The DC reboot is upon us, comic book sniffers! Welcome to the new DC universe! In an effort to help bring new readers into the world of comics, the Fanboy Comics staff has decided to review at least five new #1 issues each week of September, DC’s reboot launch month.
Alright, so… another Wednesday, another cache of new DCnU comics. Among others, look for those reviews later, I purchased Grifter, written by Nathan Edmonson and penciled by the uni-monikered Cafu. A few spoilers to follow, but don’t worry, I won’t actually ruin anything that isn’t ruined by the cover.
Who the hell is Grifter?
In the beginning (read: 1980), there was DC’s antihero, Slade Wilson, code name: Deathstroke, a mercenary physically enhanced by secret army experiments. Then, in 1992 came the Marvel antihero and physically enhanced, but also deranged, mercenary, Wade Wilson (no relation), code name: Deadpool. One year later came the Jim Lee-created DC anti-hero, Grifter. Grifter, like his two predecessors, possesses super powers, in his case psi powers, after being the subject of secret army experiments while in a black ops team. His code name? Deadeye.
What about the reboot?
Issue #1 appears to be a straight-up origin story, including the iconic donning-of-the-mask cliffhanger. What his special powers are hasn’t been entirely explained yet, but we do know he was part of a Delta Force team a decade earlier. Though I knew nothing about this character before reading this comic, enough was explained that I never felt lost and I had a good sense of the history and relationships.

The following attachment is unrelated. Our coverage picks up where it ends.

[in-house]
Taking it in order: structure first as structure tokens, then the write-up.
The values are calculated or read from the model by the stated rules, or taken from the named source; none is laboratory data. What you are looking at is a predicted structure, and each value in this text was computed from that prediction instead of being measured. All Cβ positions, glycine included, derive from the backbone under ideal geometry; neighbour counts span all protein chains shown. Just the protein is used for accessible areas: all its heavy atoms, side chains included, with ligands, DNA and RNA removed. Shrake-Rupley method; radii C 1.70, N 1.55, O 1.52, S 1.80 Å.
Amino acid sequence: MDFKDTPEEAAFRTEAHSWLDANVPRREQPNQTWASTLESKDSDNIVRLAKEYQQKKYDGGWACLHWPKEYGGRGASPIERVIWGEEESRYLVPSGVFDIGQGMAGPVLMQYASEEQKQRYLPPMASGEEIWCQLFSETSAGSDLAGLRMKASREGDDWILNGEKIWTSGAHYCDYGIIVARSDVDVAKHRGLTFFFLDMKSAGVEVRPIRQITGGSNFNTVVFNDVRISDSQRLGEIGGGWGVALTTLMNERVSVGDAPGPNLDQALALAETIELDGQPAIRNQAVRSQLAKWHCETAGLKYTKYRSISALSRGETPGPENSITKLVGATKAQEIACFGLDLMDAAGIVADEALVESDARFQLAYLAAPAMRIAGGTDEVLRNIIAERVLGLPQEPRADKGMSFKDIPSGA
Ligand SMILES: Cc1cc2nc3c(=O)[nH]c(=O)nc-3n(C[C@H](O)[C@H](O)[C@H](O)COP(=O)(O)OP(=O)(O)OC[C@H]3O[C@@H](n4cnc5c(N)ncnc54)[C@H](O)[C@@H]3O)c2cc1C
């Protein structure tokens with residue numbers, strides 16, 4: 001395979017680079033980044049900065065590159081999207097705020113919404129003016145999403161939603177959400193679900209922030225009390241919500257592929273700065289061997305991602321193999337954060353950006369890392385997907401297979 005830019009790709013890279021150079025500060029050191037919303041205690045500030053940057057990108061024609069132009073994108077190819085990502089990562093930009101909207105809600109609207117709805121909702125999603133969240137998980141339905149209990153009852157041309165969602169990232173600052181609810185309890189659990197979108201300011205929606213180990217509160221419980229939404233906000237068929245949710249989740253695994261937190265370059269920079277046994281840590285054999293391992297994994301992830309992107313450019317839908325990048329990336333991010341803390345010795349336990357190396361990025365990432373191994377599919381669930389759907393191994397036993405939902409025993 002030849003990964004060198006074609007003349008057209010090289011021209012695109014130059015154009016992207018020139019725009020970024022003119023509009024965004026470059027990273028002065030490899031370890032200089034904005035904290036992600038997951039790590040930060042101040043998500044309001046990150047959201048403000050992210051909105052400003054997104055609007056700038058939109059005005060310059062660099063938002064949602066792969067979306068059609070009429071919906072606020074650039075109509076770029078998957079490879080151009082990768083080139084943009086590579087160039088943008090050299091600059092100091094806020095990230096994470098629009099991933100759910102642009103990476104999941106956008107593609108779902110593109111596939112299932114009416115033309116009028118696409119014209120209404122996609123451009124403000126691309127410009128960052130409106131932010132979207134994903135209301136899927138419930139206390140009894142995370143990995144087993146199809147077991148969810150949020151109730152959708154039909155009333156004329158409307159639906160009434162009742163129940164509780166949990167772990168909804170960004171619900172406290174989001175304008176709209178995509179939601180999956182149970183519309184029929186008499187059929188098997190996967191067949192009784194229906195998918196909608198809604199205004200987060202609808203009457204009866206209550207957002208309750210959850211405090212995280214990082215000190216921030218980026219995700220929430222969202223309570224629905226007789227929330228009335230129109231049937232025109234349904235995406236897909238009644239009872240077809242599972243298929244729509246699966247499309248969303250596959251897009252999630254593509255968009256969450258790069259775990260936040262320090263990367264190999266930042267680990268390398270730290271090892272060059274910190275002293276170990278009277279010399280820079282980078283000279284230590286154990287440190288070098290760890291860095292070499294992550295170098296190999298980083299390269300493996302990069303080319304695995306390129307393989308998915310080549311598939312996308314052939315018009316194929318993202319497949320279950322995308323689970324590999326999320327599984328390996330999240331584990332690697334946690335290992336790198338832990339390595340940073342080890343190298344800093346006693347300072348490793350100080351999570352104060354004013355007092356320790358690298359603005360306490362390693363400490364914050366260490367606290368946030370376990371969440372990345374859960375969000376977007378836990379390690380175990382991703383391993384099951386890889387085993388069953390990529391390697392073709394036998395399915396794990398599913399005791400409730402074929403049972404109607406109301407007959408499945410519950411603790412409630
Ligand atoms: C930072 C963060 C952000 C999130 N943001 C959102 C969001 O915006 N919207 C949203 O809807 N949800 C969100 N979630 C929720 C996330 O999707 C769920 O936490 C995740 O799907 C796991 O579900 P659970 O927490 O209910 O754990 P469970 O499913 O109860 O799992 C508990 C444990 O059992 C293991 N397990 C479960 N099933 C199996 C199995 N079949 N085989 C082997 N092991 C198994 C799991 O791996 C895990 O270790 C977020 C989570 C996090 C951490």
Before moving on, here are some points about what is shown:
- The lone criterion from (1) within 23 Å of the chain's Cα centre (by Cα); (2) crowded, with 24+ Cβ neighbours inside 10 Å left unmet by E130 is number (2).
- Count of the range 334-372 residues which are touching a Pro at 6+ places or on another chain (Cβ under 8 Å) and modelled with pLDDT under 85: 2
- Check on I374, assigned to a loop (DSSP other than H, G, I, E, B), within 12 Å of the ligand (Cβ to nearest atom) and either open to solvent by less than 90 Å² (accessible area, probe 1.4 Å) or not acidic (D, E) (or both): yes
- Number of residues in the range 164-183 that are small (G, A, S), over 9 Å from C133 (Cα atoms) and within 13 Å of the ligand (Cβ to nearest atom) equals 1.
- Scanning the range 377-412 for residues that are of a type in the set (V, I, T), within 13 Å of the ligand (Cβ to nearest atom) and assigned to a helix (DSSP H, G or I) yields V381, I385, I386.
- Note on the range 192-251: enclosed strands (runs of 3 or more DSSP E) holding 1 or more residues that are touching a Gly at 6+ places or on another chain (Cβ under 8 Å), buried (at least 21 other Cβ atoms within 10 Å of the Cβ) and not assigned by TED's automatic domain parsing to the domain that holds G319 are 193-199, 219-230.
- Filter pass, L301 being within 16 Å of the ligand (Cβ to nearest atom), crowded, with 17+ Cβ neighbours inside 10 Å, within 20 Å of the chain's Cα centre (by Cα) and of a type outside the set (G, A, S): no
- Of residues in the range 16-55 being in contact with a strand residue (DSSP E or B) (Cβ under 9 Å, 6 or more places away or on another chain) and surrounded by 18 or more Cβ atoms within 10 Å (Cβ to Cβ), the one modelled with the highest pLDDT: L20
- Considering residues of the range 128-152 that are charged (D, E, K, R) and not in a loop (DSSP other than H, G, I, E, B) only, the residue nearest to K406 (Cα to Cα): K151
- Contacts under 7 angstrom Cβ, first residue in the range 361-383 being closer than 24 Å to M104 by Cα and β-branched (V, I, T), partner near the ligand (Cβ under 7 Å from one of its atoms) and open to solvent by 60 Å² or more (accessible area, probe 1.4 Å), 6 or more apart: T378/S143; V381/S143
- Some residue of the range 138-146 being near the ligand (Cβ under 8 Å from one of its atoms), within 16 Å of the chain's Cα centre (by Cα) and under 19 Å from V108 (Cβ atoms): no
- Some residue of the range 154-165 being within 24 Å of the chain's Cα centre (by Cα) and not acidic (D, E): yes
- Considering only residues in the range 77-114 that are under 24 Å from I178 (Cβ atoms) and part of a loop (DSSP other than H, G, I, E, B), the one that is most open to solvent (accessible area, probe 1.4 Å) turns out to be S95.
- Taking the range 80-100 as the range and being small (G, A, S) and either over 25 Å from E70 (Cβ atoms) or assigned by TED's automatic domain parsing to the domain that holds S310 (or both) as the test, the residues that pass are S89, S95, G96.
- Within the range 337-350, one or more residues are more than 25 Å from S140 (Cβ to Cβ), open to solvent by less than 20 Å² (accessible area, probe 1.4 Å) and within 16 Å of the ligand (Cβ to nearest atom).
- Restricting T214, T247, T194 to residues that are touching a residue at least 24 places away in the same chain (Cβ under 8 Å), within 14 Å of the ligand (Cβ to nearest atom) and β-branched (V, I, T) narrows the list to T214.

How’s the story?
The story itself is compelling. There is plenty of action and, though the guy at Earth 2 said it felt like an Indiana Jones story, to me it feels more like a supernatural and less comedic Crocodile Dundee story… well, to a point. There is a lot going on in this book: various side plots, characters that seem important yet who are never explained, and a main character with a mysterious past. The structure includes some flash back, and if I were to try to explain the plot, it would feel very convoluted. Edmonson and Cafu, however, do a fantastic job of guiding us through this story and making it a digestible and, above all, fun read.
Should I pick it up?
Though I enjoyed it, I didn’t get as much of a thrill from this #1 as I did some of the others. If you want to take a chance, you won’t be disappointed, but, if you have to be picky, this may not be the comic for you.